The Australian Competition and Consumer Commission has decided to re-authorise AgStewardship Australia Limited on behalf of itself, its members, Agsafe Limited and current and future participants in arrangements to impose a four cent per litre/kilogram levy on the sale of agricultural and veterinary (AgVet) chemicals.
The levy is ultimately passed onto end-users of the chemicals and funds the drumMUSTER and ChemClear® programs, which provide for the collection and disposal of unwanted, empty AgVet chemical containers and chemicals. Since 1999 around 22 million containers have been collected and 387 tonnes of chemicals have been cleared.
"The ACCC considers that the operation of the programs, facilitated by the levy, is likely to result in significant environmental and cost efficiency benefits," ACCC Deputy Chair Dr Michael Schaper said.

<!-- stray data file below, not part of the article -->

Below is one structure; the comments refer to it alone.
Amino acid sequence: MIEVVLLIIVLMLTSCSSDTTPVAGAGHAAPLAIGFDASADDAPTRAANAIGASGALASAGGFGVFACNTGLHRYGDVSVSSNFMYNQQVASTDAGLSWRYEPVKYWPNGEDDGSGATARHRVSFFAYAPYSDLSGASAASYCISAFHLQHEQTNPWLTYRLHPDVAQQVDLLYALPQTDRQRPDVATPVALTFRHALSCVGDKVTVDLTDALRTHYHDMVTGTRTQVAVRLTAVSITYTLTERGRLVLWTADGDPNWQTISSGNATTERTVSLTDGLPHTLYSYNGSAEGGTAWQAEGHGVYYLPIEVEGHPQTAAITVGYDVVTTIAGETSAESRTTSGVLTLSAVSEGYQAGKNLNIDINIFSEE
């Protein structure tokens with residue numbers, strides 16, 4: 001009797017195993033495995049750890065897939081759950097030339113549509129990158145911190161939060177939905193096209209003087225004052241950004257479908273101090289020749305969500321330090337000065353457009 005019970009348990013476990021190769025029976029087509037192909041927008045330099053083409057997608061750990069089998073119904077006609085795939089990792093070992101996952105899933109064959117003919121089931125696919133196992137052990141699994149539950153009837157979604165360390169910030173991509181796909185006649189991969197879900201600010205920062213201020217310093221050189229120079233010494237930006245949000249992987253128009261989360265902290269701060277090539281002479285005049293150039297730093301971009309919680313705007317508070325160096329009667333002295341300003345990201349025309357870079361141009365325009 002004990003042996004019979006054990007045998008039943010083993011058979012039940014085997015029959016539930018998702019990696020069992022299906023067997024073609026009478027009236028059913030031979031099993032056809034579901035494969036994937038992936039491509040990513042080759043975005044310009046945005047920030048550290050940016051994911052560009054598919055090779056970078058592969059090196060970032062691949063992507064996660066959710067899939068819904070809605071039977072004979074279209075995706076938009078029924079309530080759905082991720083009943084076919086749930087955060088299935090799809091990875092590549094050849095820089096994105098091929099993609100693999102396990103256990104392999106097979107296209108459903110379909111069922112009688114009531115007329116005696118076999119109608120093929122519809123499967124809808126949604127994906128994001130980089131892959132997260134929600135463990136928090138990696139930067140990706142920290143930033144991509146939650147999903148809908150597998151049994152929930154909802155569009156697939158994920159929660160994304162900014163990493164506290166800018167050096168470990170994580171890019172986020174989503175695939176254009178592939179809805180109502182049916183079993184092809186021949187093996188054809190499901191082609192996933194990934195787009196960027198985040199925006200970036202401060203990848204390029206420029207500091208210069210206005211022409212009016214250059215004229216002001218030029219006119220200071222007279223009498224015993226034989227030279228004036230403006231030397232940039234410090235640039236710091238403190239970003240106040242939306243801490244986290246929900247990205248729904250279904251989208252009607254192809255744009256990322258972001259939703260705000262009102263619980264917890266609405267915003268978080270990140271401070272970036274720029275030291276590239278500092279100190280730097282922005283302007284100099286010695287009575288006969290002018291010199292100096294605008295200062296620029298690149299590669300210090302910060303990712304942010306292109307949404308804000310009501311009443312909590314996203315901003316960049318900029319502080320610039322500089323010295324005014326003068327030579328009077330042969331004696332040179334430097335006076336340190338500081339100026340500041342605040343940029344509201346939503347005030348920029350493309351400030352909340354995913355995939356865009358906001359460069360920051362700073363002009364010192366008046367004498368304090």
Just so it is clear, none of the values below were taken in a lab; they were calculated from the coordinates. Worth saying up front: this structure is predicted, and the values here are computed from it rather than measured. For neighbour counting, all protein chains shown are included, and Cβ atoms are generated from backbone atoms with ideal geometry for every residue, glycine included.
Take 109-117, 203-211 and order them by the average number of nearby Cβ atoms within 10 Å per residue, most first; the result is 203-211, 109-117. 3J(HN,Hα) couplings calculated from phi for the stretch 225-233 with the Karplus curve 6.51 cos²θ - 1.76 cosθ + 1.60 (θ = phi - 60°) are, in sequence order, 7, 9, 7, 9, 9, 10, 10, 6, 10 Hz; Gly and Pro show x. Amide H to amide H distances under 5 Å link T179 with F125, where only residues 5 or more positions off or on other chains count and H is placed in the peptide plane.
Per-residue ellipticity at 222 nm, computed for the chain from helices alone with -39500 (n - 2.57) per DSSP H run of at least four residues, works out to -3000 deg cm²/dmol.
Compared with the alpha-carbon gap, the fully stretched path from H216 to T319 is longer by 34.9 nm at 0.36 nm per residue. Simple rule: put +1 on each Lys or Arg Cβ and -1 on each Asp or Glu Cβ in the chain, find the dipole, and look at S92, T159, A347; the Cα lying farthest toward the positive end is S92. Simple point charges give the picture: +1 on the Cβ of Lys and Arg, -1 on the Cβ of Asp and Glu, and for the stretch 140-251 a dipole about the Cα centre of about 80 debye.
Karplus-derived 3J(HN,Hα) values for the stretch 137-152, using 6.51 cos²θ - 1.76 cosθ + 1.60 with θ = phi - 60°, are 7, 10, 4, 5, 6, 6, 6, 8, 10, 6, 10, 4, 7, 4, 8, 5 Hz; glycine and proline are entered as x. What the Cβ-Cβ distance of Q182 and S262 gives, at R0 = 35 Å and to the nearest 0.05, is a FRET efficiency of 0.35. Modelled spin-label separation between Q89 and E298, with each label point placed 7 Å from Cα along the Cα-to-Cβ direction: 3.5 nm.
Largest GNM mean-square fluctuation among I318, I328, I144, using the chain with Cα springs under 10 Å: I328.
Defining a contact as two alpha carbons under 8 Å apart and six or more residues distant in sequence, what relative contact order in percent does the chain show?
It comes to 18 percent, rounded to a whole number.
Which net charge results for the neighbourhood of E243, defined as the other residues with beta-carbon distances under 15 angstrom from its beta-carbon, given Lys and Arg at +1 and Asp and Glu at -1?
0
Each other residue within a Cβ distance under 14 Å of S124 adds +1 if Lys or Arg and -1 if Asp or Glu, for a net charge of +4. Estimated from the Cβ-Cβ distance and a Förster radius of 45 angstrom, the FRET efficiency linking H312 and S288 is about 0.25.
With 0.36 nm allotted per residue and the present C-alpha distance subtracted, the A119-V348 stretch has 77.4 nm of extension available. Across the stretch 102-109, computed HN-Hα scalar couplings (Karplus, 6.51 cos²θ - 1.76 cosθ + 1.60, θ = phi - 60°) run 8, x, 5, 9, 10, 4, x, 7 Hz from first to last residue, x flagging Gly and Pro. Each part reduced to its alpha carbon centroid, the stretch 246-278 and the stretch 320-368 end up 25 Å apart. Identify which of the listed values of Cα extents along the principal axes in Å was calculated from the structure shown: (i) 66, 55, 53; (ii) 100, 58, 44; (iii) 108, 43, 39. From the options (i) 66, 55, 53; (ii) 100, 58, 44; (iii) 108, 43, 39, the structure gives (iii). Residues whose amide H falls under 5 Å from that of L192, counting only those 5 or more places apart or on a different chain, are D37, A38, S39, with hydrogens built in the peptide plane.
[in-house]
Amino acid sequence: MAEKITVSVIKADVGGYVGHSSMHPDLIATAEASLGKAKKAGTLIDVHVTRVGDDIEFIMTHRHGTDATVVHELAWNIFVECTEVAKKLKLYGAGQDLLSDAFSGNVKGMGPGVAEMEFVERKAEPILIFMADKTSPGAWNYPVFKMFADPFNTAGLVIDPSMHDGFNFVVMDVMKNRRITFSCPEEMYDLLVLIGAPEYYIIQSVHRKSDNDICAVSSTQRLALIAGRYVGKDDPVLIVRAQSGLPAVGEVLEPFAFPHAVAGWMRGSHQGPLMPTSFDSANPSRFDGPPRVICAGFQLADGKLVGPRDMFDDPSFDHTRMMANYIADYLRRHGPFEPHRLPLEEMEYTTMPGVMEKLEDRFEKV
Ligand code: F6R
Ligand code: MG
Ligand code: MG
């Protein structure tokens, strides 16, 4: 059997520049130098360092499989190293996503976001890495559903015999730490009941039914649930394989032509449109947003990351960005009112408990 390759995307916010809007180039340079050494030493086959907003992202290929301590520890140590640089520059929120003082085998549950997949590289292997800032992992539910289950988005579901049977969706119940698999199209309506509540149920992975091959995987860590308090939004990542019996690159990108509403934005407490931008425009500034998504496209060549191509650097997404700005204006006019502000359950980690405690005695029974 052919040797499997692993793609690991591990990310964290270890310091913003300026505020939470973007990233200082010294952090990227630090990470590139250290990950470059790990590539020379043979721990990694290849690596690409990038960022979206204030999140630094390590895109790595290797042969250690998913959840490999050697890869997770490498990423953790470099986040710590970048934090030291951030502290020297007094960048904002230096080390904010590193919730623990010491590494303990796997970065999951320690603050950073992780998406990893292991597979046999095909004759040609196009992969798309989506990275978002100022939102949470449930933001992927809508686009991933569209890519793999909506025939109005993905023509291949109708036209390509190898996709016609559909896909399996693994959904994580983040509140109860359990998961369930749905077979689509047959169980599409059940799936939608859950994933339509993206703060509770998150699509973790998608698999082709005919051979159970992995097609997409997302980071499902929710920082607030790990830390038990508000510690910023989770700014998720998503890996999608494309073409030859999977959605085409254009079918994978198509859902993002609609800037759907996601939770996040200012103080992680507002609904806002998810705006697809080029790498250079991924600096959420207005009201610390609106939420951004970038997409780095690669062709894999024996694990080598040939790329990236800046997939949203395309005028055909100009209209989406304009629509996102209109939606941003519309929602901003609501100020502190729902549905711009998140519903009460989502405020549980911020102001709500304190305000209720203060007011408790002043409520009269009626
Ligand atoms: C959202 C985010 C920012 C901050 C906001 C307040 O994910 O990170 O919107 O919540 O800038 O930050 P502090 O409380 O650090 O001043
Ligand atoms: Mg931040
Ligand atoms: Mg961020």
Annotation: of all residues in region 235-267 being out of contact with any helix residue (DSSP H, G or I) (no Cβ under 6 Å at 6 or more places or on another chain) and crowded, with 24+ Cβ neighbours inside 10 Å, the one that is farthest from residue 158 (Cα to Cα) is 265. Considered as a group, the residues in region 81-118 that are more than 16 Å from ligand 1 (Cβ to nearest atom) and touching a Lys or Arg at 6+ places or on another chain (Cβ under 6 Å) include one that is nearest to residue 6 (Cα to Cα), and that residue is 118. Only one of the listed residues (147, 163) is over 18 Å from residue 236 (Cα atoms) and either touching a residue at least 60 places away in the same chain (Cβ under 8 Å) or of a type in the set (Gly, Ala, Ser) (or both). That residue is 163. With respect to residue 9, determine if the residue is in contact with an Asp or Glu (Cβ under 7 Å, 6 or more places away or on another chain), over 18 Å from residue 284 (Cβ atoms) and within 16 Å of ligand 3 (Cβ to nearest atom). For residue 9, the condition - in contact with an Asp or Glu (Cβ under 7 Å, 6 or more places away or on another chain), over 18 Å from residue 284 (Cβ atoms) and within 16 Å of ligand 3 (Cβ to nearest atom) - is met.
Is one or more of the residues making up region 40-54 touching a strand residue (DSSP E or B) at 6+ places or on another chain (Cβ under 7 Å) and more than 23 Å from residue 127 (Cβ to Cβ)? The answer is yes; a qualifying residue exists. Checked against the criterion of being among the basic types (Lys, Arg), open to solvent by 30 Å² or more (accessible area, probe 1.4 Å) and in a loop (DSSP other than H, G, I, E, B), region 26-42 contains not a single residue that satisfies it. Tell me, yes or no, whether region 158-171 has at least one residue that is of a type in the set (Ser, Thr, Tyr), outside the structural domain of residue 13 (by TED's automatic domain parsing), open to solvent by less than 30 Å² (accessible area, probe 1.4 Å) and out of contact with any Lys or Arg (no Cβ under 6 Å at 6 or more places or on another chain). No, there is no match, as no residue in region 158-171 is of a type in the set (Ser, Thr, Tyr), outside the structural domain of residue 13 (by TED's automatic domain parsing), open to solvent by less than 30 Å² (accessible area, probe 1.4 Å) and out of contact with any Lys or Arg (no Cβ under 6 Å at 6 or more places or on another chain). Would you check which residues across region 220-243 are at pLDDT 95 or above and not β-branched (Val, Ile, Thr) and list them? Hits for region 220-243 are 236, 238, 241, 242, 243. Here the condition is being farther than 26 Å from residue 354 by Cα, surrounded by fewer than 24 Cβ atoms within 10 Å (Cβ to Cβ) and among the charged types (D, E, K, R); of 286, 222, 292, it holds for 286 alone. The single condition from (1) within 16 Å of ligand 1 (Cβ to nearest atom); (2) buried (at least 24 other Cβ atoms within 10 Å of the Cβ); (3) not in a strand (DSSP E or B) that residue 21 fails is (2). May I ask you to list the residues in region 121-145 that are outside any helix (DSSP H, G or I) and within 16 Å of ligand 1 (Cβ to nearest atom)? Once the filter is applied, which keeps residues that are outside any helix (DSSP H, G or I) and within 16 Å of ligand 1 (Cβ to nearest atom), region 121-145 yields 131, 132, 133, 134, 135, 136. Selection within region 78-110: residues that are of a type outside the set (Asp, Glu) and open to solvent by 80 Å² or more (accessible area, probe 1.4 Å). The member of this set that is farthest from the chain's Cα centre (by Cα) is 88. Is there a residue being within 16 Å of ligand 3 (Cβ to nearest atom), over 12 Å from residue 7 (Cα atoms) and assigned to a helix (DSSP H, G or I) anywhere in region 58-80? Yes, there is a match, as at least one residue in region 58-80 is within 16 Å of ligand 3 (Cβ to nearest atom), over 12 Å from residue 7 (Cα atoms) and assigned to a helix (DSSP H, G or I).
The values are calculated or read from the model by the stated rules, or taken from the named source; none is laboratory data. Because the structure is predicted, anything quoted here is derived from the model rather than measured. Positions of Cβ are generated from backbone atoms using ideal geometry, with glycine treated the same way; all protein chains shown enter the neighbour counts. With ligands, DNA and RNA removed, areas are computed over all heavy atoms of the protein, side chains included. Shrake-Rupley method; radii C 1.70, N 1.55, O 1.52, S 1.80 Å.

During consultation the ACCC received a number of submissions from interested parties, including State and Commonwealth agencies and agricultural and veterinary industry associations.
“Submissions received generally continued to support the programs and considered the programs to encourage environmentally responsible practices by facilitating the recycling and safe removal of AgVet chemicals and containers from the waste stream," Dr Schaper said.
The ACCC considers that the programs continue to result in a public benefit, and that the extent of the public benefit is likely to be larger now than previously by virtue of the increased scale of the programs.
Authorisation provides statutory protection from court action for conduct that might otherwise raise concerns under the competition provisions of the Competition and Consumer Act 2010. Broadly, the ACCC may grant an authorisation when it is satisfied that the public benefit from the conduct outweighs any public detriment.
Further information is available on the authorisation register.